Our Man in Tehran (2013) (NTSC)

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Released 19-Nov-2014

Cover Art

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Details At A Glance

General Extras
Category Documentary Interviews-Crew-Drew Taylor and Larry Weinstein (co-directors) (6:25)
Rating Rated PG
Year Of Production 2013
Running Time 85:41
RSDL / Flipper No/No Cast & Crew
Start Up Menu
Region Coding 1,2,3,4,5 Directed By Drew Taylor
Larry Weinstein
Studio
Distributor
Gryphon Entertainment Starring Ken Taylor
William Daugherty
Tony Mendez
Cora Amburn-Lijek
Mark Lijek
Bob Anders
Kathleen Stafford
Case Alpha-Transparent
RPI ? Music Asher Lenz
Stephen Shratt


Video (NTSC) Audio
Pan & Scan/Full Frame None English Dolby Digital 5.1 (448Kb/s)
Widescreen Aspect Ratio 1.78:1
16x9 Enhancement
16x9 Enhanced
Video Format 480i (NTSC)
Original Aspect Ratio 1.78:1 Miscellaneous
Jacket Pictures No
Subtitles None Smoking Yes
Annoying Product Placement No
Action In or After Credits No

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Plot Synopsis

     In November 1979 Iranian students, with the blessing of the Ayatollah Khomeini, seized the US embassy in Tehran and held over fifty Americans as hostages, precipitating a diplomatic crisis. Six Americans escaped from the Embassy and sought assistance from the Canadians, who sheltered their “house guests” for four months before an audacious CIA operation, supported fully by the Canadian Embassy staff and the Canadian Government, resulted in their rescue. This story was fictionalised in the Ben Affleck movie Argo; Our Man in Tehran is a Canadian documentary that fully reveals the true story of the extent of Canadian involvement in the rescue, told by those who were involved.

     Our Man in Tehran uses archive and news footage, some graphics and interviews with participants, journalists and a historian to reveal the story. The film does not commence with the seizure of the US Embassy but starts with twenty minutes or so about earlier events in Iran, including the Shah’s attempts to modernise Iran, the corruption, the secret police, the close relationship between the Shah, the US and successive Presidents, the conflict within Iran between the clerics and the government, the role of Khomeini and his return to Iran after the Shah’s departure. This background is worthwhile and informative, helping to explain that the seizure of the US Embassy was in fact a culmination of tensions that had been building for years.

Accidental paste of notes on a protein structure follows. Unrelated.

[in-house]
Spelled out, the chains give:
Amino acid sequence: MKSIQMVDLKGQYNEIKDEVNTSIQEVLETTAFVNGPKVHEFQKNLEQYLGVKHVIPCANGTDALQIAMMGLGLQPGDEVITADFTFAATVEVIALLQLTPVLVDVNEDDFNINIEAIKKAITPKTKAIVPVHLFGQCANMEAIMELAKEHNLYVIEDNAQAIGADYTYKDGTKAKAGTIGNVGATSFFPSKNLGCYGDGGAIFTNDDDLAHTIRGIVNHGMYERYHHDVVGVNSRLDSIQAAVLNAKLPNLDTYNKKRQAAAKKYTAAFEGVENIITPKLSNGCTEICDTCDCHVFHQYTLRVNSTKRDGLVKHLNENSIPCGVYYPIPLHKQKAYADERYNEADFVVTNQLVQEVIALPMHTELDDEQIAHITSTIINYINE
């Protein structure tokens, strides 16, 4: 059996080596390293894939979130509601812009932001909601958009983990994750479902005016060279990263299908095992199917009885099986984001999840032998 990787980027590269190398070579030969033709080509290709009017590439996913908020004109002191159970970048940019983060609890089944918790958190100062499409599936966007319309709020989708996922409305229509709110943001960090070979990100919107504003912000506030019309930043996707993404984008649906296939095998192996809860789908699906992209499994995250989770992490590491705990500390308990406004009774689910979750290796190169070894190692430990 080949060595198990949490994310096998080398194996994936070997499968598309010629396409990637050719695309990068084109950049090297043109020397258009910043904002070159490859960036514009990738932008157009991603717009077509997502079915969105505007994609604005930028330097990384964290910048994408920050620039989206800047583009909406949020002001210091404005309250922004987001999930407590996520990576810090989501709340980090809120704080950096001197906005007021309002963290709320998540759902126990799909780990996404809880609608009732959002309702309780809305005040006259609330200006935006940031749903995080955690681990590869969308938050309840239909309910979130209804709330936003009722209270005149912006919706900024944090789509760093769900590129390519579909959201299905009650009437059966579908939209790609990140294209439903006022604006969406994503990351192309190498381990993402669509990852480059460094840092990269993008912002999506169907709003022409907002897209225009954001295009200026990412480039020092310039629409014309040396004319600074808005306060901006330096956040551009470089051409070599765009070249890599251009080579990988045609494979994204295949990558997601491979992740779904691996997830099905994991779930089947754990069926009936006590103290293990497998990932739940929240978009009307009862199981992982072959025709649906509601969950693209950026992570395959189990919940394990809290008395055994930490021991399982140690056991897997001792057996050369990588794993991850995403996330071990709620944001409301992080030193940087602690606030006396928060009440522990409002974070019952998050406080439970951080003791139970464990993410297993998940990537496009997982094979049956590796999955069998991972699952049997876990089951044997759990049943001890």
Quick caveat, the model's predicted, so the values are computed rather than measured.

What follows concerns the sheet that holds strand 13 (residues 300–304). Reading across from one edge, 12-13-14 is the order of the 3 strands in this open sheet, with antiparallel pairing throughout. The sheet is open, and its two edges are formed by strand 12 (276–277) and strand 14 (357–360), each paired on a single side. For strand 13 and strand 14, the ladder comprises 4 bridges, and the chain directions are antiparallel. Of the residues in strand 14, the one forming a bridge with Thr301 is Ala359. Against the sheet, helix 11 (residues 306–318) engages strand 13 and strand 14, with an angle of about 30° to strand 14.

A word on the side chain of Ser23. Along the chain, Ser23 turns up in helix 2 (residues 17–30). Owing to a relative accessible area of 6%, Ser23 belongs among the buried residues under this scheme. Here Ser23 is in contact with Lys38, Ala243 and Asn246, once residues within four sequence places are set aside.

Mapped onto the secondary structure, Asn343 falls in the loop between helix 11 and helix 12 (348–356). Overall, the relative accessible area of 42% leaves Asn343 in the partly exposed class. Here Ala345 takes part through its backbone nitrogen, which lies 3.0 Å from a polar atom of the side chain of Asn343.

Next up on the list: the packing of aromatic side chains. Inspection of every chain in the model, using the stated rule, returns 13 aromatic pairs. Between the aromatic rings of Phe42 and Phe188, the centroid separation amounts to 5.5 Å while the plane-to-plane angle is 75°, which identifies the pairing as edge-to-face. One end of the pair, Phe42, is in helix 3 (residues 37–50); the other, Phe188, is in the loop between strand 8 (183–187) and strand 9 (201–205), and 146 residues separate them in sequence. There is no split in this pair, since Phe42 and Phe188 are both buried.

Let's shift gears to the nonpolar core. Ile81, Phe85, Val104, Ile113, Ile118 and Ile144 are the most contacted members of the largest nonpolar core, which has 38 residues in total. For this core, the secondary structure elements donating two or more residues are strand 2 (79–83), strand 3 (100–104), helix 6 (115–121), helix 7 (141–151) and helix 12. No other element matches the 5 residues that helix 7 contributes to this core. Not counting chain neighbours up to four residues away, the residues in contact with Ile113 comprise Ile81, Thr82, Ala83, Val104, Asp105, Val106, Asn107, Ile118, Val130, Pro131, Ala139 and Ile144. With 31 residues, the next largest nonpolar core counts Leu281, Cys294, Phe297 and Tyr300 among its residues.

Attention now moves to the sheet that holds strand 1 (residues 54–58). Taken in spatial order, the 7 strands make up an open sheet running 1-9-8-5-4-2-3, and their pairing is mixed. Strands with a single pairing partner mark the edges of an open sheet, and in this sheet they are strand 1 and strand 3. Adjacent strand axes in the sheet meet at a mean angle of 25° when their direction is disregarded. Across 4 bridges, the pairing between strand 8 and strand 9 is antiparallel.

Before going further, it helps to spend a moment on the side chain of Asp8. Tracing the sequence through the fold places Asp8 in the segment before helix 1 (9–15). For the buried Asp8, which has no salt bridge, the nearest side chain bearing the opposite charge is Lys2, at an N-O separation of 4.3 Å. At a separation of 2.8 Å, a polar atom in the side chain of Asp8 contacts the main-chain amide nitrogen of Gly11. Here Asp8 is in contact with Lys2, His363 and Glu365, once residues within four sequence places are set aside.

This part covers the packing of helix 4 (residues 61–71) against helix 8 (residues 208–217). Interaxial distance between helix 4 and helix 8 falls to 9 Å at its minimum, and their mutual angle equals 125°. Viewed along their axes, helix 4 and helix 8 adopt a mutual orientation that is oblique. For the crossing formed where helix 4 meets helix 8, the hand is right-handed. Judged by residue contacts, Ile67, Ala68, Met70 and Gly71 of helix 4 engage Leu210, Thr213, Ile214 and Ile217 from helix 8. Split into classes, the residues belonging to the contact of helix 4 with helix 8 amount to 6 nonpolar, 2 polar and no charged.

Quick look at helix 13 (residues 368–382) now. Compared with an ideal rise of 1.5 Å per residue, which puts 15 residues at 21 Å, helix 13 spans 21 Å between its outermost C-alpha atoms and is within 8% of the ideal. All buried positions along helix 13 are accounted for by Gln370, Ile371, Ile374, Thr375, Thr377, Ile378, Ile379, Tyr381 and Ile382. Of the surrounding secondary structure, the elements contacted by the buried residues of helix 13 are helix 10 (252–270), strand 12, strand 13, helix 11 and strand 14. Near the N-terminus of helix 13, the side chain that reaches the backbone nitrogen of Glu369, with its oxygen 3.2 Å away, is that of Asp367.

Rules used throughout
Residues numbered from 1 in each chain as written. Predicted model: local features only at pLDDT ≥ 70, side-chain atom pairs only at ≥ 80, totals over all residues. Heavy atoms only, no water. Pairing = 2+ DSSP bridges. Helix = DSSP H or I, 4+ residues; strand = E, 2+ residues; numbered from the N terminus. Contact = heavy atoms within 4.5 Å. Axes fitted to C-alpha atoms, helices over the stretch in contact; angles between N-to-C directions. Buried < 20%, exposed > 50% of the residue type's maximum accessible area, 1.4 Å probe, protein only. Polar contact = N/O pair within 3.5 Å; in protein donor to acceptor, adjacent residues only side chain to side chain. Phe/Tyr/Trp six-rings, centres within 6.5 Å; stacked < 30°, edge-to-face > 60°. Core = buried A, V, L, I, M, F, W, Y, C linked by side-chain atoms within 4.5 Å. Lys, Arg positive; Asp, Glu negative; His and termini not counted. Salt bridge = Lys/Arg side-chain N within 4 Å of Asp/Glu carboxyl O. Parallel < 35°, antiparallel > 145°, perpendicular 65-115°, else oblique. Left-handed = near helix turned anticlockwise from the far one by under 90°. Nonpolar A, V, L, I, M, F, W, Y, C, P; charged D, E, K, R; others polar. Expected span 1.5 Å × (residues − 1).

Our Man in Tehran then covers the capture of the Embassy by the Iranian students and the escape of the six diplomats who ultimately took shelter with the Canadians. It uses interviews with many people who were involved, including Canadian Ambassador Ken Taylor and his wife Patricia, other Canadian embassy staff members, US embassy workers Cora Amburn-Lijek, Mark Lijek, Bob Anders and Kathleen Stafford who were sheltered by the Canadians in their homes, and CIA operative William Daugherty who was captured in the Embassy and tortured by the Iranians. The film then covers the rescue of the six, including the fiction of a US film company and the issuing of fake Canadian passports by the Canadian Government, an almost unique action; interviewees at this stage include CIA operative Tony Mendez, who carried out the mission and was the basis of the character played by Affleck, and the Canadian Prime Minister and Foreign Minister at the time, Joe Clark and Flora MacDonald.